Have you ever wondered how to find words in videos — without having to watch and listen to the whole video? Of course you have, too bad there isn’t some type of video search for YouTube videos to help you quickly breeze through video content. Except there is! And I’m going to tell you all about it.
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While working on a video editing project for my Bizapalooza Channel, I was creating mashups and remixes of dozens of Google Hangout Interviews that I’ve done over the last few years. But here’s the problem: I was looking for a specific phrase that I KNOW several people used in their interviews, but I didn’t know WHO said the phrase.
How was I going to find this exact phrase across so many videos?
Hmmm. This required a little thinking. The first thing I did was search for software that might do the trick. Let’s just say that there wasn’t anything great out there — at least that I could afford.
Then I realized that I already had access to an easy FREE way to find these phrases I was looking for — Google Hangouts, YouTube and the trusty “Find” function on my computer. This is all you will need!
You see, when you record anything using Google Hangouts or when you upload any video to YouTube — you actually get a TRANSCRIPT with a TIME STAMP! I know — I’m a little too excited about this feature. But if you’re editing video and looking for a quick and easy way to find a phrase in the video or search for a word in an audio file, this little piece of information is a huge time and money saver.
How to Find Words and Phrases in Audio and Video Files
The video will show you how to search inside YouTube videos, and I’m going to write out the list right here for you.
- Make sure your audio or video is LESS THAN 60 minutes long. This is HUGE. If your audio or video is longer than 60 minutes, you will need to break it up into sections that are LESS than 60 minutes.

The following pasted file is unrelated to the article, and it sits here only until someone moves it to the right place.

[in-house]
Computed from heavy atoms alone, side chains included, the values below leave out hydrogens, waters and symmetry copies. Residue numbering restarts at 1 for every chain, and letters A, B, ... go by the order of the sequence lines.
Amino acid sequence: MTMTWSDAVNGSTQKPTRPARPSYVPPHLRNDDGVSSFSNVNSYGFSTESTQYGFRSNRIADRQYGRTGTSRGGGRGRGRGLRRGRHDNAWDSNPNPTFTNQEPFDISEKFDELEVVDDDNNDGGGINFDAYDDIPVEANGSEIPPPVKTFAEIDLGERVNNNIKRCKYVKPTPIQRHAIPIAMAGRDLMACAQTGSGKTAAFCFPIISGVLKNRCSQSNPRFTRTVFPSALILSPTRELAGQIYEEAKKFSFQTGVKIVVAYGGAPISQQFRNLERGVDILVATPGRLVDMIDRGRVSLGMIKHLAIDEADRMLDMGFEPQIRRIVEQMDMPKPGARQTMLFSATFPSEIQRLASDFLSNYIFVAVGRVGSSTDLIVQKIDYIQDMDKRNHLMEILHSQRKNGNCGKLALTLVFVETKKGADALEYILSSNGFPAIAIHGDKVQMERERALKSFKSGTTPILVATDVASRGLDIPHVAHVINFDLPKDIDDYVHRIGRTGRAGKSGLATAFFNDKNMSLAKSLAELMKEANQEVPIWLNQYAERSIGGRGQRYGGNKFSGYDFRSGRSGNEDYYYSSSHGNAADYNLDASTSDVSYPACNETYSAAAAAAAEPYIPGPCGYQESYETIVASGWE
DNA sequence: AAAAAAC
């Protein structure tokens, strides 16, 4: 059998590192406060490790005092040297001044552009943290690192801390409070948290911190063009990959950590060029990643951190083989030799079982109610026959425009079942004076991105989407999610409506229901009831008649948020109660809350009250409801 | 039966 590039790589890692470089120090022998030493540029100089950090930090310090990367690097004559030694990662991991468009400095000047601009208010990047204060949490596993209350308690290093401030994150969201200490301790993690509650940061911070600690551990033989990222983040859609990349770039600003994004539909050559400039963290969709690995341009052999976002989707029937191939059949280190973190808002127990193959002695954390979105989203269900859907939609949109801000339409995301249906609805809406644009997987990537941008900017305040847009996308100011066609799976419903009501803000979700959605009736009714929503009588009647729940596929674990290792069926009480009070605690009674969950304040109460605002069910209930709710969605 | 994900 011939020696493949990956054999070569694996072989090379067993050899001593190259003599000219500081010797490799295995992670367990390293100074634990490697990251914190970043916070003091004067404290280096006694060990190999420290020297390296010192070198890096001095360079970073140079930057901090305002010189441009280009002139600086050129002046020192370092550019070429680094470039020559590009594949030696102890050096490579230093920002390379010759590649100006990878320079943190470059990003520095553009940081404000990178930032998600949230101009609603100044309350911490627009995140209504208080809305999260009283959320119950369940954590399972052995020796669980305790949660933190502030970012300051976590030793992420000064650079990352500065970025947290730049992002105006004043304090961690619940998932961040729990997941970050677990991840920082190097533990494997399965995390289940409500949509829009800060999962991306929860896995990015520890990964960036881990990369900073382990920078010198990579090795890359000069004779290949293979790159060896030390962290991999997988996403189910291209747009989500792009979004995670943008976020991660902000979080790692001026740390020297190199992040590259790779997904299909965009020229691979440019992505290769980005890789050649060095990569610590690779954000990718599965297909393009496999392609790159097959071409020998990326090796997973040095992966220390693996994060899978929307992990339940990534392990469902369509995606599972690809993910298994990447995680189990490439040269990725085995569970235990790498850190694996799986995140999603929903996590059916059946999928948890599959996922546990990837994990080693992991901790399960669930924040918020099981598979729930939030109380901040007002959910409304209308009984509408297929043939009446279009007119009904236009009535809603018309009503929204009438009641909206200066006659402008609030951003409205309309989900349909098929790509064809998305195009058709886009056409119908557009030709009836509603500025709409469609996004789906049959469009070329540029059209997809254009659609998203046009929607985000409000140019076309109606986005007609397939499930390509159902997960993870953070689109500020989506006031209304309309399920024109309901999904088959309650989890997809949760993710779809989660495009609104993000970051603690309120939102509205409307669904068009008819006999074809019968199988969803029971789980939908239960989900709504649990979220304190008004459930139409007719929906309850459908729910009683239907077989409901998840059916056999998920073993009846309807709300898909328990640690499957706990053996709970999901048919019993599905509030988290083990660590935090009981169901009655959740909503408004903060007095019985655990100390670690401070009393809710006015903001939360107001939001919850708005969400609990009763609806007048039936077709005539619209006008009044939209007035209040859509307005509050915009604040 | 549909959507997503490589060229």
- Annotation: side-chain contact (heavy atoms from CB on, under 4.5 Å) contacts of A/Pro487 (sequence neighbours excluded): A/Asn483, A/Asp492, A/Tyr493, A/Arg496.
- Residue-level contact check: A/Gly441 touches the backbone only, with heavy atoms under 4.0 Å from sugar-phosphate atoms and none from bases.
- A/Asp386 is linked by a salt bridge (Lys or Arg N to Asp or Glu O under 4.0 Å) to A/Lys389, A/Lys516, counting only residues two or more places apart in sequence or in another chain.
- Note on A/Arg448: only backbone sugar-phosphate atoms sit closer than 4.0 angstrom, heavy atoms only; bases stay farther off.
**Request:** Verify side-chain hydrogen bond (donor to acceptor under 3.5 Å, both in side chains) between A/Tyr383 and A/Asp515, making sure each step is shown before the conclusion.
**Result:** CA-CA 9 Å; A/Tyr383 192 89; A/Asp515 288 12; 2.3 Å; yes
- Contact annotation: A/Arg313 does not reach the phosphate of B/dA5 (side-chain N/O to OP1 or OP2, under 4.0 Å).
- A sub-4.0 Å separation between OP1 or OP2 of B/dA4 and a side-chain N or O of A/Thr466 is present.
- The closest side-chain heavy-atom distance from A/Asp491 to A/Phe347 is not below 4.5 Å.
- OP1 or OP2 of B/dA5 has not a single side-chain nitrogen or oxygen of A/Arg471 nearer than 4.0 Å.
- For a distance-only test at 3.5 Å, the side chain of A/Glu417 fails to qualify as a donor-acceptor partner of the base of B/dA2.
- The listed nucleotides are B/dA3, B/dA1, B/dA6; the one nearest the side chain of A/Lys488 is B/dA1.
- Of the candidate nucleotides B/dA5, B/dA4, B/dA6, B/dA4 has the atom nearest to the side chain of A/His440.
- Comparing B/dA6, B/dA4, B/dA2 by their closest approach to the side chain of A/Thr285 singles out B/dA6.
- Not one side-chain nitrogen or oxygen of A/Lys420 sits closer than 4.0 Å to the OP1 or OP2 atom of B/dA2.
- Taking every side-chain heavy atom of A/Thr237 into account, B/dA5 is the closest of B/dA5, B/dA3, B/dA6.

- Make sure that you have GOOD quality audio. If your audio is poor meaning it’s noisy, staticky, or the speakers do not annunciate clearly or if the speakers have an accent that Google can transcribe, you will be out of luck.
- Convert audio files to MP4 files. YouTube is, after all a VIDEO channel. You need a video. But if you only have audio, don’t sweat it, just convert it to a video slide show.
- Upload your video to YouTube. YouTube is where all of the magic happens. If you have a video or screen share or interview that you’ve recorded, upload it to YouTube.
- Wait about an hour or so. YouTube needs time to transcribe your video. So don’t freak out if you don’t see it right away. It can take an hour — sometimes longer. Be patient.
- Pull up the transcript. Under your video, click on the three dots that say “MORE” — then select “Transcript”
- Search for the phrase you want. You can do this several ways. You can click on “Edit/Find” in your browser menu. You can also click on control or command “F” on your keyboard and then simply enter the word or phrase you are looking for. You will see it highlighted everywhere it appears on the site — even inside the transcription window.
Use the Speech Recognition Feature on Your Computer
But what if your video content isn’t on YouTube? How can you do a video search for words and phrases then? Not gonna lie, this is somewhat clunky, but you can search inside your videos by using the speech recognition function that’s already on your computer!
For either Windows or Mac computers, you can set up voice dictation on Docs with the same straightforward process. As Docs is a web-based app, you won’t need to install any extra software; just use whichever browser you like.
Log into Google Docs, select Tools, then Voice Typing. You may have to grant your browser permission to use the computer’s microphone. Then, click on the microphone icon. Now comes the “hack”.
Google docs expects you to speak your dictation, but you can simply let the video play aloud and let the Google speech recognition ASR do the work for you.
The disadvantage of this approach is that you won’t get a time stamp and you really can’t set it and forget it.
Honestly, I’d recommend that if the video you have isn’t on YouTube, that you upload it to YouTube and use the native transcription function.
Automated Transcription Tools
When it comes to the most accurate and easiest to implement way to search inside videos for words and phrases, I’ve been using artificial intelligence note taking and transcription tools like Otter.ai and Descript.
Here’s a screenshot from a webinar video I uploaded to Otter.ai.
Not only will you get a much higher quality transcription and time stamps, but you have the ability to search for specific phrases in the transcript and hear an audio replay.
This is my go-to way to transcribe everything from meetings to videos. It's the easiest way to search and find words and phrases in long videos.
I’ve been a big fan of Otter.ai this year, but for finding specific words and phrases in videos, I still recommend YouTube’s native transcription.